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Ansbald of Prüm

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Statue of Ansbald in the Basilica of the Transfiguration of Our Lord, Prüm

Ansbald or Ansbold (died 12 July 886) was the abbot of Prüm from 860 until his death.

Ansbald was a friend and correspondent of Lupus of Ferrières.[1] In a letter addressed to Abbot Markward of Prüm [de] between 840 and 844, Lupus sends greetings to Ansbald, then just a monk at Prüm.[2] With Lupus, he worked on collating the writings of Cicero.[1] In a letter from September 847, Lupus thanks Ansbald for sending him copies of some of Cicero's letters and asks for a copy of Cicero's In Arato.[3]

Ansbald was elected to succeed Eigil as abbot in 860.[1][4] Lupus addressed two letters to him on 28/29 February 862 and 7 March 862.[4] In 861, King Lothair II granted him the right to a market and mint exempt from taxation at Romarivilla.[5] After 870, he was an important supporter of King Louis the German in Lotharingia.[6] On 12 April 870, Louis restored to Prüm lands near Bingen that had been seized by the rebellious count Werner.[7] In February 871, confirmed further lands to the abbey.[6]

In 882, Prüm was sacked by Vikings. Ansbald rebuilt it with aid from Emperor Charles the Fat. He died on 12 July 886 and was venerated as a saint.[1]


  1. ^ a b c d Walsh 2007, p. 48.
  2. ^ Regenos 1966, p. 50. For the dating of Lupus' letters, see pp. 151–153.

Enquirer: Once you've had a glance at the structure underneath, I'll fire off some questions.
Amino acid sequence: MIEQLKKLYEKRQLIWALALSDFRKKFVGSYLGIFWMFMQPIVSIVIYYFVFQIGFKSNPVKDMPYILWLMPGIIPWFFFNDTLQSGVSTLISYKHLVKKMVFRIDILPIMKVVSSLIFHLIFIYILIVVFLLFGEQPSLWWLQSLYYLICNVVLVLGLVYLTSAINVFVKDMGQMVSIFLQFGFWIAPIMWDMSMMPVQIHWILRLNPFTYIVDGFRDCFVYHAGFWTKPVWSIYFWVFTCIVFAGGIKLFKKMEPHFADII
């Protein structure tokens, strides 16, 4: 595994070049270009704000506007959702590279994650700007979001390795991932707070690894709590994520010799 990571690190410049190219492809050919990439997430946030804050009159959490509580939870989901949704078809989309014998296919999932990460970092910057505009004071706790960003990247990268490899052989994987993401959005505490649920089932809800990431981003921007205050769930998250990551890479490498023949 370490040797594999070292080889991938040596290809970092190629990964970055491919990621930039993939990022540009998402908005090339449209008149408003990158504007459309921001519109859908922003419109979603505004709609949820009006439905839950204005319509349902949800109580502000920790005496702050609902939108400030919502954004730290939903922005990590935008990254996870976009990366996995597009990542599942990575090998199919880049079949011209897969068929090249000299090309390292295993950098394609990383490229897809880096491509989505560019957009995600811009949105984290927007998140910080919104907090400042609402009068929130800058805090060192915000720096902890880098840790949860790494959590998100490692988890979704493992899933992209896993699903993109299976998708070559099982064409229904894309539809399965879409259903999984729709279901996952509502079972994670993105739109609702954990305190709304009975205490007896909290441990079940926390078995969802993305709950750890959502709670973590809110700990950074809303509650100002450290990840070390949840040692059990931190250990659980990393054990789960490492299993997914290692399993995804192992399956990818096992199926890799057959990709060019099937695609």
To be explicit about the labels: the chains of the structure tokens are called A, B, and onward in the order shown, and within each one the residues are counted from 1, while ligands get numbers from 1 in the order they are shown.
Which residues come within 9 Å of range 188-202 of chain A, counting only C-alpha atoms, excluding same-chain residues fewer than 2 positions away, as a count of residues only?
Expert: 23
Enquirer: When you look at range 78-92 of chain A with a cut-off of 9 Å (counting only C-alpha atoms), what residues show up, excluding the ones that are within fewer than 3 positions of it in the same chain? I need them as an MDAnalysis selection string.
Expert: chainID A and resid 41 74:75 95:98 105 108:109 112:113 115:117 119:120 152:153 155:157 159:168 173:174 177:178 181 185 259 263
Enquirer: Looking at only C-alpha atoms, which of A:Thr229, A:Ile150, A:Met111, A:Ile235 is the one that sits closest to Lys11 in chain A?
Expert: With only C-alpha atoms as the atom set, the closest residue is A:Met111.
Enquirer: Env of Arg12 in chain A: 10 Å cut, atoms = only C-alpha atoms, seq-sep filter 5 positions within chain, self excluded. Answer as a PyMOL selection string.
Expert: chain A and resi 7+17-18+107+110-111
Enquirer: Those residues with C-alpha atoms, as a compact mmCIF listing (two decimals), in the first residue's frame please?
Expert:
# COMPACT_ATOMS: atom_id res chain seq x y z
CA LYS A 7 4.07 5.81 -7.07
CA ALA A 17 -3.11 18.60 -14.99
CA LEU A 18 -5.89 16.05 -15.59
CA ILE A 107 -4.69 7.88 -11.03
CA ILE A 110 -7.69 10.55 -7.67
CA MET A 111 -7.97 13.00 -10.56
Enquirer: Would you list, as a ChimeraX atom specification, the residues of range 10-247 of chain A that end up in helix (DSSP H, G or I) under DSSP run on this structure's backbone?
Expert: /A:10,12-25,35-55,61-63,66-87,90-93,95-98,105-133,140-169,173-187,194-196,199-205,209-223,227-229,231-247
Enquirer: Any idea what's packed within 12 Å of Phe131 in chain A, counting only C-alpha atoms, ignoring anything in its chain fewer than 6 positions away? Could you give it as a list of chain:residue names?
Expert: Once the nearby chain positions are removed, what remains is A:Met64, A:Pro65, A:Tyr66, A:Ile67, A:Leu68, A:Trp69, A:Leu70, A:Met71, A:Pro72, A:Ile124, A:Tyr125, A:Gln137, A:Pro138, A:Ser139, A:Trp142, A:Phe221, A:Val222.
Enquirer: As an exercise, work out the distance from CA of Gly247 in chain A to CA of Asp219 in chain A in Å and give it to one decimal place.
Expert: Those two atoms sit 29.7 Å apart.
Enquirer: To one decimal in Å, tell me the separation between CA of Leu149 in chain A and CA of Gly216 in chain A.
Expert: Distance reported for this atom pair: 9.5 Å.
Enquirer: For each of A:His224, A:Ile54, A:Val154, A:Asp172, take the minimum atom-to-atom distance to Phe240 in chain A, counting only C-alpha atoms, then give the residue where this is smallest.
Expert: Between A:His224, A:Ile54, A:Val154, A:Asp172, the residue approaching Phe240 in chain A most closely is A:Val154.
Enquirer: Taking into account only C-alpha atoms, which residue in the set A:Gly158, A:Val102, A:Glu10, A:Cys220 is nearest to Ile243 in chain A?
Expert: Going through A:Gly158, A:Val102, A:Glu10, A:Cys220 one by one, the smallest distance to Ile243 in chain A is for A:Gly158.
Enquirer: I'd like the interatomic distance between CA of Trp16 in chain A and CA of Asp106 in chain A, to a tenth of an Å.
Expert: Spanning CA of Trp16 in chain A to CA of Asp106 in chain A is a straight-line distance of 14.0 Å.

3. ^ Regenos 1966, p. 81.
  4. ^ a b Regenos 1966, p. 132.
  5. ^ Walsh 2007, p. 48. Lothair's charter is quoted in Thatcher 1905, pp. 579–580.
  6. ^ a b Goldberg 2006, p. 306n.
  7. ^ Goldberg 2006, p. 296.


  • Goldberg, Eric J. (2006). Struggle for Empire: Kingship and Conflict under Louis the German, 817–876. Cornell University Press.
  • Regenos, Graydon W., ed. (1966). The Letters of Lupus of Ferrières. Martinus Nijhoff.
  • Tellenbach, Gerd (1962). "Der Konvent der Reichsabtei Prüm unter Abt Ansbald (860–886)" (PDF). In Werner Fleischhauer; Walter Grube; Paul Zinsmaier (eds.). Neue Beiträge zur südwestdeutschen Landesgeschichte: Festschrift für Max Miller, dargebracht v. Freunden und Kollegen. Stuttgart. pp. 1–10.{{cite book}}: CS1 maint: location missing publisher (link)
  • Thatcher, Oliver, ed. (1905). A Source Book for Mediaeval History. Charles Scribner's Sons.
  • Walsh, Michael J. (2007). A New Dictionary of Saints: East and West. Liturgical Press.